Indeed. Hey, speaking of apps, I found an app for our quick tip today.
I have nothing for our quick tip today. So you go right ahead.
All right. I found this app called Profile Pick Maker, and it's super simple. It's a web app. You just basically upload a photo, but what it does is, it lets you upload your headshot profile picture and it gives you tons of options for cool backgrounds. It's really simple and fairly useless, but it's kind of fun. So it's at pfpmaker.com, and link in show notes again. And it works. I can't tell if it works really well, if you don't have a white background, but my profile picture did have a nice clean white background and it let me choose all sorts of different options. You could look like you're in an office or on the beach or in the forest, or have a nice little abstract grid pattern behind you.
I updated my Twitter and LinkedIn profiles with the new photo, just to see how I liked it. And you can match your brand color. So for example, if your logo is hex color, blah, blah, blah, you can match that color in the abstract background for your photo and have some branding going on. There was a lot of options. It's a really cool, fun little tool. So if you want to spice up your photo of your profile picture, then it's a neat tool. So I found it and wanted to share it.
And I just went to your Twitter profile to look at your new picture, and it's perfect for you. What I will say. That's what I will say.
I know what that means. I can be [inaudible].
[inaudible] People to look at it [inaudible]Yeah, we'll put it in our Instagram. I came up with a quick tip actually, while you were talking about it, because it is a phrase we have uttered a bunch of times in my household on the last few days, and also in my work. I'm a big fan of saying no to things. You all know that I don't like to be overextended. I'm tired. I have a lot of balls in the air like many of you and I have learned over the past few years to really focus on priorities and say no to things that I just don't want to get dragged into. At the same time, I was approached with a potential new project with someone I adore and we have worked on it together and it's massage related. You're going to see it happening soon. And I have had a blast with it.
I had a blast working with my friend, Ruth. I had a blast creating this resource. I'm excited today to work on the final stage of the design. And it's because I said yes to something that I was like, "Man, it's going to be more work." And then I was like, "Meh, it could be fun. Ah, this is going to be really useful." And by 10 seconds in, I was just so excited about it. So there's that. And then also, in my home and our personal life, we are thinking of expanding the family to include a pet. And this is something we have been very not on board with for a long time, but now are like, "Okay, this might be the right time for our family." So we've talked about it a bunch and we've started to look into it and actually complete some applications. And at every step of the process, when we have been like, "Uh, are we sure?"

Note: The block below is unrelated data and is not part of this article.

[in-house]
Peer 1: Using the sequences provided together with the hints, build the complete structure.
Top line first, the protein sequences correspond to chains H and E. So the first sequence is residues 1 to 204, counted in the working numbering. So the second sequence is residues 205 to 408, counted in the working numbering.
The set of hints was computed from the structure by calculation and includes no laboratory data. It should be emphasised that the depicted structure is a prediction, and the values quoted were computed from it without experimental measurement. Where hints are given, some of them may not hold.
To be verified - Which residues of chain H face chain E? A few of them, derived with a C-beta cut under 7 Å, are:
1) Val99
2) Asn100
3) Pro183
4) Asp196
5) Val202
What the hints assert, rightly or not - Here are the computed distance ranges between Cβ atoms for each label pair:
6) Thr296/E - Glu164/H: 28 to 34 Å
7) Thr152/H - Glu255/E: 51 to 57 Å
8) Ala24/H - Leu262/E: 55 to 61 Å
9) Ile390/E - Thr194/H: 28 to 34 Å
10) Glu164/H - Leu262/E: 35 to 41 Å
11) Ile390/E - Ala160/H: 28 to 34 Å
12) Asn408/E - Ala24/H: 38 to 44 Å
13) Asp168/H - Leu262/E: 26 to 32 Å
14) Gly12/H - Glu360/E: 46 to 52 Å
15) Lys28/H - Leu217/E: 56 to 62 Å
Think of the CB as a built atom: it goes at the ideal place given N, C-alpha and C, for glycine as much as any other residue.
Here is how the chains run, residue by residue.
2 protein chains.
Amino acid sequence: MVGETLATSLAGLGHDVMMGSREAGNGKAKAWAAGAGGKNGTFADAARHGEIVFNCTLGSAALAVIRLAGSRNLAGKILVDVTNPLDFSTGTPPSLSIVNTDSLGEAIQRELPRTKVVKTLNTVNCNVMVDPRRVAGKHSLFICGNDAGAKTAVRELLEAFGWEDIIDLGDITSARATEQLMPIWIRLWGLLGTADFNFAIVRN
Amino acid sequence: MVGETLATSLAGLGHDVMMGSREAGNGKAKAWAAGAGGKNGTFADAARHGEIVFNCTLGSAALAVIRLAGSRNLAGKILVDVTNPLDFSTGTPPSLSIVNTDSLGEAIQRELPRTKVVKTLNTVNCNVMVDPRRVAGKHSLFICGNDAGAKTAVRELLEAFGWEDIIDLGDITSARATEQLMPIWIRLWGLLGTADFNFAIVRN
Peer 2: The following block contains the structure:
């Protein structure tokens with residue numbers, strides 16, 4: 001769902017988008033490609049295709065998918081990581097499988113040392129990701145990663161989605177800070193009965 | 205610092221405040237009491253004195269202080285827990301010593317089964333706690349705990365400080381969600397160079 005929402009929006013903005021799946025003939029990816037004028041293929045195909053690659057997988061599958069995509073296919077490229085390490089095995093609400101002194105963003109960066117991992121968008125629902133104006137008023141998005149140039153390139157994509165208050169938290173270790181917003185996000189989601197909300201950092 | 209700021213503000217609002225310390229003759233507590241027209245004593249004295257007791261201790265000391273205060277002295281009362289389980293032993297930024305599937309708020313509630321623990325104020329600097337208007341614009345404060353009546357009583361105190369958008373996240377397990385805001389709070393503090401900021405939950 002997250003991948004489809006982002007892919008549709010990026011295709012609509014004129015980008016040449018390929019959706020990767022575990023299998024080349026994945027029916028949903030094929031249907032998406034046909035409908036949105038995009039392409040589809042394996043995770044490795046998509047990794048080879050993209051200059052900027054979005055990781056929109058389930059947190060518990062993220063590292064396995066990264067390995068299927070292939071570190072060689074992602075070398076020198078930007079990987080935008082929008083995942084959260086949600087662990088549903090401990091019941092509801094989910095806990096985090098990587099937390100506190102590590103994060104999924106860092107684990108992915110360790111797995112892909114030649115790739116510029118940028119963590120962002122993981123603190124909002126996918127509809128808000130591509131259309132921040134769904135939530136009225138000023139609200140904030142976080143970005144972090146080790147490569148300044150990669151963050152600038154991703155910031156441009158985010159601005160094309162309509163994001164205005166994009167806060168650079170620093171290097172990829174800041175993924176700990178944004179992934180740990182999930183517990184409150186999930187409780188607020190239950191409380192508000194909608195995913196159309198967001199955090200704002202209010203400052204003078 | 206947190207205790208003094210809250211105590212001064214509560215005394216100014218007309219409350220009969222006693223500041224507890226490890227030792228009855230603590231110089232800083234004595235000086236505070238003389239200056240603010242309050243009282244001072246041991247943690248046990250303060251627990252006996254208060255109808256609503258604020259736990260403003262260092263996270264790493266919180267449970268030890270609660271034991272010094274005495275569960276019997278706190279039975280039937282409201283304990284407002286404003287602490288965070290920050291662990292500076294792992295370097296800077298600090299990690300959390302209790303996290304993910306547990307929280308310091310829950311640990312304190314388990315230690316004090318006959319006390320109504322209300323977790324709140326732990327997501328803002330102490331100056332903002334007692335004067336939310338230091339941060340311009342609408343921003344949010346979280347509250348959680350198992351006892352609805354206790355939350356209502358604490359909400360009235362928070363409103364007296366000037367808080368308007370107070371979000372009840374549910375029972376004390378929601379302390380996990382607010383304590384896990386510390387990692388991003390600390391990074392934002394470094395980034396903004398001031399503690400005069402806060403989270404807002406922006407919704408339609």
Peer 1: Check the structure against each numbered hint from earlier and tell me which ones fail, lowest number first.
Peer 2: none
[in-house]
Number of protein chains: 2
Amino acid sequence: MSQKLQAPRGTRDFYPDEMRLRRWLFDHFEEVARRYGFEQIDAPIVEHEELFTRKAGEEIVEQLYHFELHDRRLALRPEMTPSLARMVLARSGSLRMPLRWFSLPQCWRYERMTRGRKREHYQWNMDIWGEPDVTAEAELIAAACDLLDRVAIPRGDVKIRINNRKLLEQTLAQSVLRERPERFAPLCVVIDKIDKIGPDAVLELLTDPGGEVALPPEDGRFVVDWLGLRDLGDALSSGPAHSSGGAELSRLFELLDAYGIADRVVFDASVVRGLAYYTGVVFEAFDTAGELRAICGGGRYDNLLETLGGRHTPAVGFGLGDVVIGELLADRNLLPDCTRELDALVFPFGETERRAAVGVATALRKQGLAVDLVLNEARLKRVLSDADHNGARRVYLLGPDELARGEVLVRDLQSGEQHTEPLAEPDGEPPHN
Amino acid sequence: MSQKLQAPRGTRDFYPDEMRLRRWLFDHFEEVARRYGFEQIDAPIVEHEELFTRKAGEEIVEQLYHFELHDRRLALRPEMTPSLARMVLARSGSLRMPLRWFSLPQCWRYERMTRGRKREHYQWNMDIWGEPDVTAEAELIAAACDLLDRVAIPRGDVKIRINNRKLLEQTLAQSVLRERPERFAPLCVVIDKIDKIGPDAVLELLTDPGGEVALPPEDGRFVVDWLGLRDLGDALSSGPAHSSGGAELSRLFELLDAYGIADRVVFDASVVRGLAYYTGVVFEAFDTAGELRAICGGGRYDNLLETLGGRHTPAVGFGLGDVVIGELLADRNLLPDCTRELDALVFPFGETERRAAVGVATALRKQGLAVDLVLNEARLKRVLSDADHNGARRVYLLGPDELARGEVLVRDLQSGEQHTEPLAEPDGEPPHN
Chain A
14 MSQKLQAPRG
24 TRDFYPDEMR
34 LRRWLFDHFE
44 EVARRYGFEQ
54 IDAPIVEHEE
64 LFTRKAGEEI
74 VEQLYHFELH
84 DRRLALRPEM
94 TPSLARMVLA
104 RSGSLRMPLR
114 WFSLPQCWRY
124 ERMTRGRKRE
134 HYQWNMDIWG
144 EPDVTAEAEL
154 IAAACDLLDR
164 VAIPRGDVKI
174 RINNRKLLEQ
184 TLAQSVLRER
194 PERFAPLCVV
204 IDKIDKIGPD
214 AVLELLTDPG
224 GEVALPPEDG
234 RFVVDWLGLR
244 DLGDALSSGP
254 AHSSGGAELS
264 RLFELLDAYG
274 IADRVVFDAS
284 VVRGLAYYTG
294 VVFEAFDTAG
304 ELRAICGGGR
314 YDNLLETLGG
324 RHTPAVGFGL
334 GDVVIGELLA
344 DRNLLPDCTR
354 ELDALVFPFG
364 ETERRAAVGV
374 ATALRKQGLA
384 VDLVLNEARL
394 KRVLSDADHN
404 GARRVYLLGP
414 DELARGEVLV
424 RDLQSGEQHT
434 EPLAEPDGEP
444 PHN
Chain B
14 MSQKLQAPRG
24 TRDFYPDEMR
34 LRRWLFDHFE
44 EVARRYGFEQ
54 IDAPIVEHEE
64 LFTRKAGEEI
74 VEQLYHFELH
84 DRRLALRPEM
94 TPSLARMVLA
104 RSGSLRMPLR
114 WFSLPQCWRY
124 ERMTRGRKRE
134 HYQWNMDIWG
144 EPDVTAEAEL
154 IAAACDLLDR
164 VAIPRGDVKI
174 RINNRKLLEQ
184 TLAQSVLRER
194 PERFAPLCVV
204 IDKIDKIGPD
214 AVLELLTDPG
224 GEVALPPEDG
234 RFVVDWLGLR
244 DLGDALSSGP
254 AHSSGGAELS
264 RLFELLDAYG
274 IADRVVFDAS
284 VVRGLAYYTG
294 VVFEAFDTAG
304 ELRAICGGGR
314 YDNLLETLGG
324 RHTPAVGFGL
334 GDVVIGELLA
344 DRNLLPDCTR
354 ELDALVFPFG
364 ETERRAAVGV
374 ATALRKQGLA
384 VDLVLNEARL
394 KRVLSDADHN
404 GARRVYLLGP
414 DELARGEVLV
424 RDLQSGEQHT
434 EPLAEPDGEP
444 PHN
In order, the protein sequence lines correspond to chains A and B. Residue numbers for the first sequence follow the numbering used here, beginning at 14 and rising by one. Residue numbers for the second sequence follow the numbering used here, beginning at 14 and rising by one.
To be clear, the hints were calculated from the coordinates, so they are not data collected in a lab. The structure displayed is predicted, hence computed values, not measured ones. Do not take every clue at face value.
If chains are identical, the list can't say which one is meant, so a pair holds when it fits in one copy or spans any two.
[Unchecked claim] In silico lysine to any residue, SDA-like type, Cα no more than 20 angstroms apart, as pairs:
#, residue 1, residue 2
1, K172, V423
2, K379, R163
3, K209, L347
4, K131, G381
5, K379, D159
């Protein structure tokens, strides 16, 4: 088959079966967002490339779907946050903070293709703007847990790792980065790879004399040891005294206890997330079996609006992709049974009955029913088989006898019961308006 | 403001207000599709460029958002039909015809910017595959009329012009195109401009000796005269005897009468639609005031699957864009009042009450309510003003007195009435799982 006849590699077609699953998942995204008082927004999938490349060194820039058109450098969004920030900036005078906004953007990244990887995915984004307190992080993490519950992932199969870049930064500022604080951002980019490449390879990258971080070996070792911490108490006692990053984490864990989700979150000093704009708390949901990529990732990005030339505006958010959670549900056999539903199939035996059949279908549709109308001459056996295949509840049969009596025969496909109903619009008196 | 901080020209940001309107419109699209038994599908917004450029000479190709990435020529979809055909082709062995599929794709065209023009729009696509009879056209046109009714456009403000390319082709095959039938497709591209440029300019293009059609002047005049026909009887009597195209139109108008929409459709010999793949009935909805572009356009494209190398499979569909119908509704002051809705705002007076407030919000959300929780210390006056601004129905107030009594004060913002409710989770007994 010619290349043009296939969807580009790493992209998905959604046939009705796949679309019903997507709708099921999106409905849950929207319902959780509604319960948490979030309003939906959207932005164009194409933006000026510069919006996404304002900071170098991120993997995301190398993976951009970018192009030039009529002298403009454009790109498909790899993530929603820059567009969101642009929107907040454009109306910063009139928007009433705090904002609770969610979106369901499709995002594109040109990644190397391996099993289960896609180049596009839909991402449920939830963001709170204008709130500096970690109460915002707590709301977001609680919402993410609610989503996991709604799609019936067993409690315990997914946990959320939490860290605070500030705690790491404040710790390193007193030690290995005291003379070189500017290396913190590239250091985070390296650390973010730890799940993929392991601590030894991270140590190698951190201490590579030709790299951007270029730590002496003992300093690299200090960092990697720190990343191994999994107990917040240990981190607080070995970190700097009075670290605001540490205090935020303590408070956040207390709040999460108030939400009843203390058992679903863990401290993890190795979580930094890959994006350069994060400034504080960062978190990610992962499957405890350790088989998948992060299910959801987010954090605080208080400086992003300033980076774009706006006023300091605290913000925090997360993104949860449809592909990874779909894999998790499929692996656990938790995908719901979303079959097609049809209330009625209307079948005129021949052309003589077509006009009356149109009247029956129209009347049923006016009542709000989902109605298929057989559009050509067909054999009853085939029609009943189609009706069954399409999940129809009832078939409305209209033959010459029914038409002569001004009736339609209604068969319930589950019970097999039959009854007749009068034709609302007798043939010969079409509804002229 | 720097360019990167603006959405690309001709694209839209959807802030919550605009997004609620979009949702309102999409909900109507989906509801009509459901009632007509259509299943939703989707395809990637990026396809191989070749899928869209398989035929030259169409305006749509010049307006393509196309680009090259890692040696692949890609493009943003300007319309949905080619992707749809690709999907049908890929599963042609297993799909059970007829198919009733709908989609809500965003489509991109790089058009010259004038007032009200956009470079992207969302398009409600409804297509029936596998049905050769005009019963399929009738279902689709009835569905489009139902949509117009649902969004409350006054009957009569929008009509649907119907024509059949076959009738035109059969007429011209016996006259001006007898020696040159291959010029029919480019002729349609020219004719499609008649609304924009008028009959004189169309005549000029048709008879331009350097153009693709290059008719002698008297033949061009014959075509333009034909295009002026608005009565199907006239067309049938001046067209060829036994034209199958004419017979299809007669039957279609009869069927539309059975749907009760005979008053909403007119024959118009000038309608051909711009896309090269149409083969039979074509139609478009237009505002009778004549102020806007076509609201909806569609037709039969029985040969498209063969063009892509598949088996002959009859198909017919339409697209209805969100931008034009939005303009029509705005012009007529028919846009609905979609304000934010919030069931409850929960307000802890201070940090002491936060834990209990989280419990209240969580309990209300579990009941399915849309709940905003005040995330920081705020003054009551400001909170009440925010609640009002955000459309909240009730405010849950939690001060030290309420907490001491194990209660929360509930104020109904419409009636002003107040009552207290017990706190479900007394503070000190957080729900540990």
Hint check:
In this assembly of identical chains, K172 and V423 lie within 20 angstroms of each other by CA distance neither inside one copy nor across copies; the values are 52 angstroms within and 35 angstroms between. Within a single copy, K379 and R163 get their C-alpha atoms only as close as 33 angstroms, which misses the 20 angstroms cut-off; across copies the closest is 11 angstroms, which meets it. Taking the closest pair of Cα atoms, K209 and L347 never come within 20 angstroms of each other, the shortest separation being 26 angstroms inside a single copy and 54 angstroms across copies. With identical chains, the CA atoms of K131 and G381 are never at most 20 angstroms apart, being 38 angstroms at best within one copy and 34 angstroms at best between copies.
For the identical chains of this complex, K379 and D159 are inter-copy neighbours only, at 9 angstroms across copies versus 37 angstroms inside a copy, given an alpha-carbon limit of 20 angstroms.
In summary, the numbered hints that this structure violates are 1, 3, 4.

And I think it's good that we're really weighing this really conscientiously and thinking above all the downsides. And every time we get to that point, I think, choose the bigger life. Sometimes I have to defy my instinct for simplicity and vacancy and choose the bigger life, because that can include a lot more joy. So that my friends, choose the bigger life. Sometimes that is a good option. And that is a phrase directly stolen from the podcast you all know I really like, the Happier Podcast with Gretchen Rubin. And there you go, choose the bigger life.
I love that. I also love how my quick tip is this silly app and yours was this micro keynote speech of inspiration. So I like that spectrum we covered in quick tips today.
Well, I forget there was something that you said in your thing that made me think of it though. I don't know what it was, but there we go. It's all related. It's all one. It's all one [inaudible].
The circle of life. All right, well with that, let's wrap it up.
Let's be done.
Let's just be done. All right, everyone. Hey, we're glad you were here. You can find us on the web at massagebusinessblueprint.com. If you're not a member of our Blueprint Mastermind community, check it out there. You can try free for 30 days and it's a fantastic community. People are joining all the time. We get a handful of new members every week and they're joining and getting great value right off the bat from it and meeting a ton of new people who can help them, including Alissa and I, of course, but also peer mentoring is huge. So check it out. Also, if you want to email us, the address is firstname.lastname@example.org. That goes to both Alissa and me and we will respond. Send us feedback, criticism, love notes, hate mail, whatever you want. We'll take it all. And again, thanks for joining us today. We appreciate you being a listener. We'll see you next time. Have a great day.